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Tiffany Montgomery
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Retailers are cautious about holiday, think consumer spending will continue to lag

By Tiffany Montgomery
September 14, 2009 6:00 AM

There is an interesting study out today about how retailers are approaching the holiday season and business in general as consumer spending continues to be weak.

The study is by CIT and Forbes Insights. Here are some details, including that retailers did not cut inventories enough in the first half of the year.

Retailers and Suppliers Expect Consumer Spending to Trail Financial Markets Recovery

Upcoming Holiday Season Eyed with Caution as Industry Continues To Manage Slow Moving Inventory

NEW YORK--(BUSINESS WIRE)--Faced with one of the most challenging years on record, retailers and those who supply them believe that consumer spending will lag the turnaround of the U.S. financial markets. According to a new study released today by CIT Group Inc. (NYSE:CIT), a leading provider of financing to small businesses and middle market companies, 47% of retail respondents believe the financial markets will turn around next year; separately, 45% believe that consumer spending will not return to 2007 levels until 2011 or 2012.

The continuing softness in the retail market has caused many retailers to reevaluate and adjust their business models. They are taking a more conservative and cautious approach to the upcoming holiday season by controlling their inventories, and are planning more aggressive discounts earlier in the season. Other key findings among retail respondents include:

67% will stock less inventory than in 2008;

69% will expand online and direct selling;

56% will advertise more aggressively;

66% will offer greater discounts; and

68% will hold clearance and other sales prior to New Year's Day.

The research report, "U.S. Small and Middle Market Outlook 2009: Retailers and Suppliers Take Stock of Economic Downturn," examines how retailers and their suppliers are navigating through the current financial crisis. It is the third in a series of four studies that Forbes Insights has produced this year in association with CIT.

"These results corroborate what we have been hearing anecdotally from the marketplace," said Burt Feinberg, Managing Director and Industry Group Head of Retail Finance at CIT. "Many retailers continue to be concerned about consumer demand and are following conservative inventory and pricing tactics in anticipation of the upcoming holiday season, trying to maintain liquidity, so that they can be better positioned for what is hopefully resumption in consumer spending in 2010."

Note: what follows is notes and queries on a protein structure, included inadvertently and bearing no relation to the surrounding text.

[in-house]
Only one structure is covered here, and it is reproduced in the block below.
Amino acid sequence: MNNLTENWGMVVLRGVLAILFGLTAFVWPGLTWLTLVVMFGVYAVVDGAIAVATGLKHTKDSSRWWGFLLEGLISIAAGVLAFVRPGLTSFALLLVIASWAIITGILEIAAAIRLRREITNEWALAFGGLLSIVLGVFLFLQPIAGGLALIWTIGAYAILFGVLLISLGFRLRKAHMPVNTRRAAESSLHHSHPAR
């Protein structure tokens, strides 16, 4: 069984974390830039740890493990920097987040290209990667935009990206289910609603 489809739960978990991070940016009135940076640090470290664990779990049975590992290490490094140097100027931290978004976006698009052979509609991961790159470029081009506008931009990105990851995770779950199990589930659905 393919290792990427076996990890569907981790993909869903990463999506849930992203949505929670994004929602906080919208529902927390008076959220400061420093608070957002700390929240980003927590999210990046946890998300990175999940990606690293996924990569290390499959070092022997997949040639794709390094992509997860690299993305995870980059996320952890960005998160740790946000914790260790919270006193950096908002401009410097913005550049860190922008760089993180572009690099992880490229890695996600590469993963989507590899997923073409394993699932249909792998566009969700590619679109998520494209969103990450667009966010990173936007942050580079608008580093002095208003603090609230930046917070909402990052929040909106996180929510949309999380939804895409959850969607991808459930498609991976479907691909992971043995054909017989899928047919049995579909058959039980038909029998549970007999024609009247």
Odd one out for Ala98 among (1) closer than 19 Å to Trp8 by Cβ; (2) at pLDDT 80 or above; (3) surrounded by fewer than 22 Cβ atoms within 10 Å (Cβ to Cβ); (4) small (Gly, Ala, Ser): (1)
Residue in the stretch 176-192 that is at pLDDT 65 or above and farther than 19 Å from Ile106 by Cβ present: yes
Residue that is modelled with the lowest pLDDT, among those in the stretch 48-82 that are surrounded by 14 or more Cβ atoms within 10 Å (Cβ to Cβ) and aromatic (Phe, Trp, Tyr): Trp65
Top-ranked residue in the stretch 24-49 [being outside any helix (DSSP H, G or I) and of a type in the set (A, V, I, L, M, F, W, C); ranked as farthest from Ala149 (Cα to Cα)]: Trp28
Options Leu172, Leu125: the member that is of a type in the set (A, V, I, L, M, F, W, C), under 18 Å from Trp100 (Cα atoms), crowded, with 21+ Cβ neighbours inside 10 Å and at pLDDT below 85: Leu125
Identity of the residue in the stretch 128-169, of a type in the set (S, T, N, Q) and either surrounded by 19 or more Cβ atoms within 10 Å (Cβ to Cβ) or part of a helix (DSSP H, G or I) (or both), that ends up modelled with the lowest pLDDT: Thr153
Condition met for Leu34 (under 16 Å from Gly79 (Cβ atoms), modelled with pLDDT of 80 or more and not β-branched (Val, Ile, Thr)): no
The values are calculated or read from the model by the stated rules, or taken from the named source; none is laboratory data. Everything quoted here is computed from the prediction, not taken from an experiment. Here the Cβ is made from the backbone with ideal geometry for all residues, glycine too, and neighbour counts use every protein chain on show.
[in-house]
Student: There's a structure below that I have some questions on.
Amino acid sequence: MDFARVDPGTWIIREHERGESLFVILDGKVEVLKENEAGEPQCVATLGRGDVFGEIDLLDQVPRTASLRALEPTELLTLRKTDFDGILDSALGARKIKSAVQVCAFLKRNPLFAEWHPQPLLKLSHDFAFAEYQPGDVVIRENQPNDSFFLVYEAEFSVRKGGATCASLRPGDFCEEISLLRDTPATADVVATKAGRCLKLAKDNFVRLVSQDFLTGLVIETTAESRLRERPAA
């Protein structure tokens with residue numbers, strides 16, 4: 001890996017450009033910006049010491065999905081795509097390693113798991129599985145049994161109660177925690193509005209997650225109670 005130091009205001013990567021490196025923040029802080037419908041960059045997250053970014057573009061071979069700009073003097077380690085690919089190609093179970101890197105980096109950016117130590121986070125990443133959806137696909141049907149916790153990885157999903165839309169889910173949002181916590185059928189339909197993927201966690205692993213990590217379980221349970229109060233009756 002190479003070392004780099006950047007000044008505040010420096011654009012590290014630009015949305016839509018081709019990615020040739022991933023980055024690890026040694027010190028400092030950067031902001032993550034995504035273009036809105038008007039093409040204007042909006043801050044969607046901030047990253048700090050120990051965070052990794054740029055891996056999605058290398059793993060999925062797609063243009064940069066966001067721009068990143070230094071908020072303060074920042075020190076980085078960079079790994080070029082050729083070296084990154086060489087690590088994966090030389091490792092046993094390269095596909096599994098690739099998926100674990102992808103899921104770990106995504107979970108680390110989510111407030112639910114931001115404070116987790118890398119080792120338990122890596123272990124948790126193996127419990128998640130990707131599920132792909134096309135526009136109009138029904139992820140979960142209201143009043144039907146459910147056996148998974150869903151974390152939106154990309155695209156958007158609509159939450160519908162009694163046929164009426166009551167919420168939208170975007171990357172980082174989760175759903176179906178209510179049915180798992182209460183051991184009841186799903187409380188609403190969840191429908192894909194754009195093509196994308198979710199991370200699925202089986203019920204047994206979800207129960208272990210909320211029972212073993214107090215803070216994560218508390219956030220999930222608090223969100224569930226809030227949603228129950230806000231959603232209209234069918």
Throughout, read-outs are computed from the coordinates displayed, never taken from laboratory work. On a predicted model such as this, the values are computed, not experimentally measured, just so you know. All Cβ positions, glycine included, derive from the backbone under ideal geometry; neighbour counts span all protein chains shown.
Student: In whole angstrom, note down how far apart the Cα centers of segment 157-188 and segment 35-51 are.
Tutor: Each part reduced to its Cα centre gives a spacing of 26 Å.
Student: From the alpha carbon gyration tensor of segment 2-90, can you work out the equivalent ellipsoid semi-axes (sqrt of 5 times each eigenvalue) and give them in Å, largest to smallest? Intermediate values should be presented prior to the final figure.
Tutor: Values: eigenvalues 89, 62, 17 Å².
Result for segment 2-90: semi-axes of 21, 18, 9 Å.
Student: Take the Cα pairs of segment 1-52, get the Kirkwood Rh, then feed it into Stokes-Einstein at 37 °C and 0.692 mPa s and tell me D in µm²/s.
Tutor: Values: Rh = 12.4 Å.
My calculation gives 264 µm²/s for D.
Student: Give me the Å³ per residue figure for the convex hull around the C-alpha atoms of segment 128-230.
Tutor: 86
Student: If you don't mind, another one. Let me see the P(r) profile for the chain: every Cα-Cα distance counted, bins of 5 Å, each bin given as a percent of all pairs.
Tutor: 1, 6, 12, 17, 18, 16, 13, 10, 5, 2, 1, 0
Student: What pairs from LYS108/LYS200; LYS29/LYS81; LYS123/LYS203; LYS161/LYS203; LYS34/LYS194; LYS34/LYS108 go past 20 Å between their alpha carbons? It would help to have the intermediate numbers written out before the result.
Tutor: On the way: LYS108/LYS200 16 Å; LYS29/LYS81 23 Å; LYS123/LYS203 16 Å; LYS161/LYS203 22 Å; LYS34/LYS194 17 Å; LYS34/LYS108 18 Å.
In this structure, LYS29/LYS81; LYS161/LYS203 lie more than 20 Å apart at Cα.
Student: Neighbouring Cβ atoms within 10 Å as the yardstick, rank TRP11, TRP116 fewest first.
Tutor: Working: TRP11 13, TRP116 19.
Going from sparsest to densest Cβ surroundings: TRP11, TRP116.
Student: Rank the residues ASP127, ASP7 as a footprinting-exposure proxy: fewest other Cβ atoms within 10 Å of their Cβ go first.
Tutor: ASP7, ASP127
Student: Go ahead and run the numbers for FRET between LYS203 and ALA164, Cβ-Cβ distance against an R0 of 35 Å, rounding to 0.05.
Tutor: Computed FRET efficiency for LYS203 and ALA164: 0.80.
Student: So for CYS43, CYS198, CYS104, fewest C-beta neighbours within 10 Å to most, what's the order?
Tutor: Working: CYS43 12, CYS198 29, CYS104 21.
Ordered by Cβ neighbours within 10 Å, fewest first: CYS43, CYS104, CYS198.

Jon Lucas, Executive Vice President and Chief Sales Officer of Trade Finance at CIT, said, "The decline in consumer spending has trickled down from retailers to the manufacturers and vendors that supply them. Many of these suppliers are managing through this business cycle by cutting expenses, imposing more stringent credit terms on their retail customers, and doing less business with slow paying retailers. In addition, many have turned to factoring and credit protection services to protect the value of their accounts receivable, if they do not already have those relationships in place."

Noteworthy findings:

Cautiously awaiting the return of consumer confidence. While half of middle-market retailers saw their revenues decline over the past 12 months, 41% expect their revenues to grow over the next year. However, growth rates may be tempered by consumer spending issues; only about one-third (32%) indicated that they expect consumer spending to reach 2007 levels in 2010, while nearly 45% thought it would take at least until 2011 or 2012 for such spending to resume, and 17% said it would occur after 2012.

Cutting costs and conserving cash. In light of the economic downturn, retailers have had to alter their strategies. Forty-six percent have reduced their staff levels, 42% halted planned expansions, 29% delayed store renovations, 29% re-merchandised their shelves, and 21% closed stores. In addition, 40% renegotiated their rent and 38% received other concessions from their landlords.

Increased M&A activity on the horizon. Nearly half (48%) of all respondents expect M&A activity to increase over the next 12 months. They believe that the primary drivers of M&A activity will be the greater availability of credit (34%), reduced valuations (32%) and the need for weaker companies to merge (26%).